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Northland well-represented in Dayton’s bonding proposal

A new Chemistry and Advanced Materials Science Building on the University of Minnesota Duluth campus is one of the projects slated for state funding in Gov. Mark Dayton's bonding proposal. (Illustration courtesy of the University of Minnesota Duluth)

The Republican-controlled Minnesota Legislature may not agree, but DFL Gov. Mark Dayton wants to pump millions of dollars into Northeastern Minnesota to fix major infrastructure and environmental problems.

Dayton’s hefty $1.4 billion bonding/jobs/construction proposal released Wednesday includes $25.4 million to continue the cleanup of the St. Louis River estuary in the Twin Ports, state money that would attract another $47.2 million in federal funds.

The governor’s first-round proposal also includes $28 million for a new chemistry building at UMD, $21 million for Duluth’s steam plant conversion project, $6.6 million to refurbish the main runway at Duluth International Airport and $8 million for the Hermantown Wellness Center — all projects that were in last year’s bonding proposals that died when no bill passed.

The state pays for public projects both by general fund spending and, mostly, by issuing bonds paid back to investors over time.

"These projects have a direct economic benefit," the governor told reporters in a conference call Wednesday.

"I am presenting today a bonding bill that should have been passed nine months ago," Dayton said. "Time is of the essence to make up for that last bonding year."
The proposal, which Dayton says will create more than 39,000 construction jobs across the state, faces bleak prospects in the Republican-controlled Legislature.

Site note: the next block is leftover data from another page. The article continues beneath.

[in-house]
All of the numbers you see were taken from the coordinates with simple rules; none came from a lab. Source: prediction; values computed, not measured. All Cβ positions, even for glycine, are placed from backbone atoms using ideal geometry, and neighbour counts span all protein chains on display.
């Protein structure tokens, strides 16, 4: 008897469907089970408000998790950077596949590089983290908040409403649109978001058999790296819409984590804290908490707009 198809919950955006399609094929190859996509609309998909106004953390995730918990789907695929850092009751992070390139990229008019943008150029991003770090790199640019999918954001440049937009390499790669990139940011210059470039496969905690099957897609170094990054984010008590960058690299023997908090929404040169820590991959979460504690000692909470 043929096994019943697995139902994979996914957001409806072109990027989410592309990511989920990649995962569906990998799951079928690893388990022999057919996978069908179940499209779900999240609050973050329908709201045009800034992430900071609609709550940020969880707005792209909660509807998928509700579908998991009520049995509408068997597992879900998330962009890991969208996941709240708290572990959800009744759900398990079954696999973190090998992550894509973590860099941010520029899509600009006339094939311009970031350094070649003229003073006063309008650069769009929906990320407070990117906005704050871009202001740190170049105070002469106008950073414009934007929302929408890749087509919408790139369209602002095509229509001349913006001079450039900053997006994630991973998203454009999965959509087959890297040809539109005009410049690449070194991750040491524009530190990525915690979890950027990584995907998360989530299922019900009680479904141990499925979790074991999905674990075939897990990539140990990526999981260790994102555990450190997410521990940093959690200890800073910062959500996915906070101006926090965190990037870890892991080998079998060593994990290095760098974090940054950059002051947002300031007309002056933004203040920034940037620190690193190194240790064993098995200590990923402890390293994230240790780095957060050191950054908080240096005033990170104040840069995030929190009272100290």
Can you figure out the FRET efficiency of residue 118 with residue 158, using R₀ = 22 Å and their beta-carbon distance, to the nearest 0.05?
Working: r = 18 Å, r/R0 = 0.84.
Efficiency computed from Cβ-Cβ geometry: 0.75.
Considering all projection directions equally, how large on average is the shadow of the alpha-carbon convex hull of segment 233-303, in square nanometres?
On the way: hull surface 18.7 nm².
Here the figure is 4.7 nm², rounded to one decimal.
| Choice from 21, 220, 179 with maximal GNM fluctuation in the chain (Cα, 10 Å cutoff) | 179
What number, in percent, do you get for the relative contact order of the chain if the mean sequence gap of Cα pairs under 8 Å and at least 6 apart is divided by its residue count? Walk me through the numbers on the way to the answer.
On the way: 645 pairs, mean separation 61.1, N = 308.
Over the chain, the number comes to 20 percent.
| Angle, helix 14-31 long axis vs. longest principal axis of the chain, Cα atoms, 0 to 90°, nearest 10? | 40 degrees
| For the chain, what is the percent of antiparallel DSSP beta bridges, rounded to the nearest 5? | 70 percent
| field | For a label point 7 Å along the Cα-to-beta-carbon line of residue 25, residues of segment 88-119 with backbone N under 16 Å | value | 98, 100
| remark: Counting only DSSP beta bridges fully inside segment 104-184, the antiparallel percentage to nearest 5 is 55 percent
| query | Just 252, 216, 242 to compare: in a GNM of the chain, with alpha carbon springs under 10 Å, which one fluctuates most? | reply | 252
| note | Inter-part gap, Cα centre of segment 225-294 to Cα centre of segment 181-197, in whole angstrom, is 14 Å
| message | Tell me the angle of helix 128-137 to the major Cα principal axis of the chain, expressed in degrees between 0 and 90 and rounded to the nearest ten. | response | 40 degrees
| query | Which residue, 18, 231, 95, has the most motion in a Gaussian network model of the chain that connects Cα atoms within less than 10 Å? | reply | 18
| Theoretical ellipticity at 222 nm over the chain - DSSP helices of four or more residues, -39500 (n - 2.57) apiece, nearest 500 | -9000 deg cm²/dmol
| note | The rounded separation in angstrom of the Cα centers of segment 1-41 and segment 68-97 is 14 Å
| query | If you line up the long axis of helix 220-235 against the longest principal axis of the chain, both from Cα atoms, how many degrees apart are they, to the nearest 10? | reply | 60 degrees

New Senate Majority Leader Paul Gazelka, R-Nisswa, said that he is interested in passing tax cuts and Dayton is interested in passing a bonding bill, and he suggested they could come to an agreement with the two measures.

Sen. David Senjem, R-Rochester, who leads the Senate bonding committee, said the Dayton proposal "probably is a little strong for Republicans." He suggested the GOP might be able to stomach a bill shy of $1 billion.

While some Republicans say no bonding bill is needed in 2017, Senjem disputed that.

"We do need a bonding bill at some level,” he said.

Dayton’s proposal earned high praise in the Northland.

Kris Eilers, executive director of the St. Louis River Alliance, called the river cleanup funding “a once-in-a-generation opportunity to restore water quality in the St. Louis River estuary and Duluth/Superior Harbor.”

“We want to thank Governor Dayton for his support and urge the Legislature to take action on a bonding bill this session,” Eilers said. “The lack of a bonding bill in 2016 created a sense of urgency to take advantage of the federal funding. It is now imperative to secure the full state match this year, not just half, in order for this project to move forward.”

Duluth Mayor Emily Larson also praised the governor’s proposal.

“Our team has worked hard to communicate with the governor these past few weeks and we will continue to work hard to reach out to the legislature as they commence their work,’’ Larson said in a statement. “The Duluth steam proposal is about job creation and building a sustainable future for our economy and we appreciate that the governor understands the regional impact of our project but also our partners’ projects as well.”

Other major regional projects in Dayton’s proposal include:

  • $7.4 million for campus reconfiguration at Hibbing Community College.
  • $5.6 million for the Duluth Seaway Port Authority to finish the channel dock at the end of the Clure Terminal Expansion and conduct maintenance work on the terminal warehouse buildings.
  • $4.9 million for the Virginia Public Utilities Commission.
  • $3 million for the Falls International Airport terminal in International Falls.
  • $3 million for a new elevator at the Soudan Underground Mine State Park mine shaft.
  • $2 million for campgrounds and trails at the new Lake Vermilion State Park near Soudan.
  • $1 million for new campgrounds and trails at Jay Cooke State park near Carlton.
  • $1.4 million for the MnDOT building in Virginia.
  • $2.8 million for Arrowhead Regional Corrections near Duluth.
  • $1 million for the Prospectors ATV trail near Ely.
  • $500,000 for the Grand Mound historic site near International Falls.
  • Upgrades and maintenance to community college campuses across the region.
  • Don Davis of Forum News Service contributed to this report.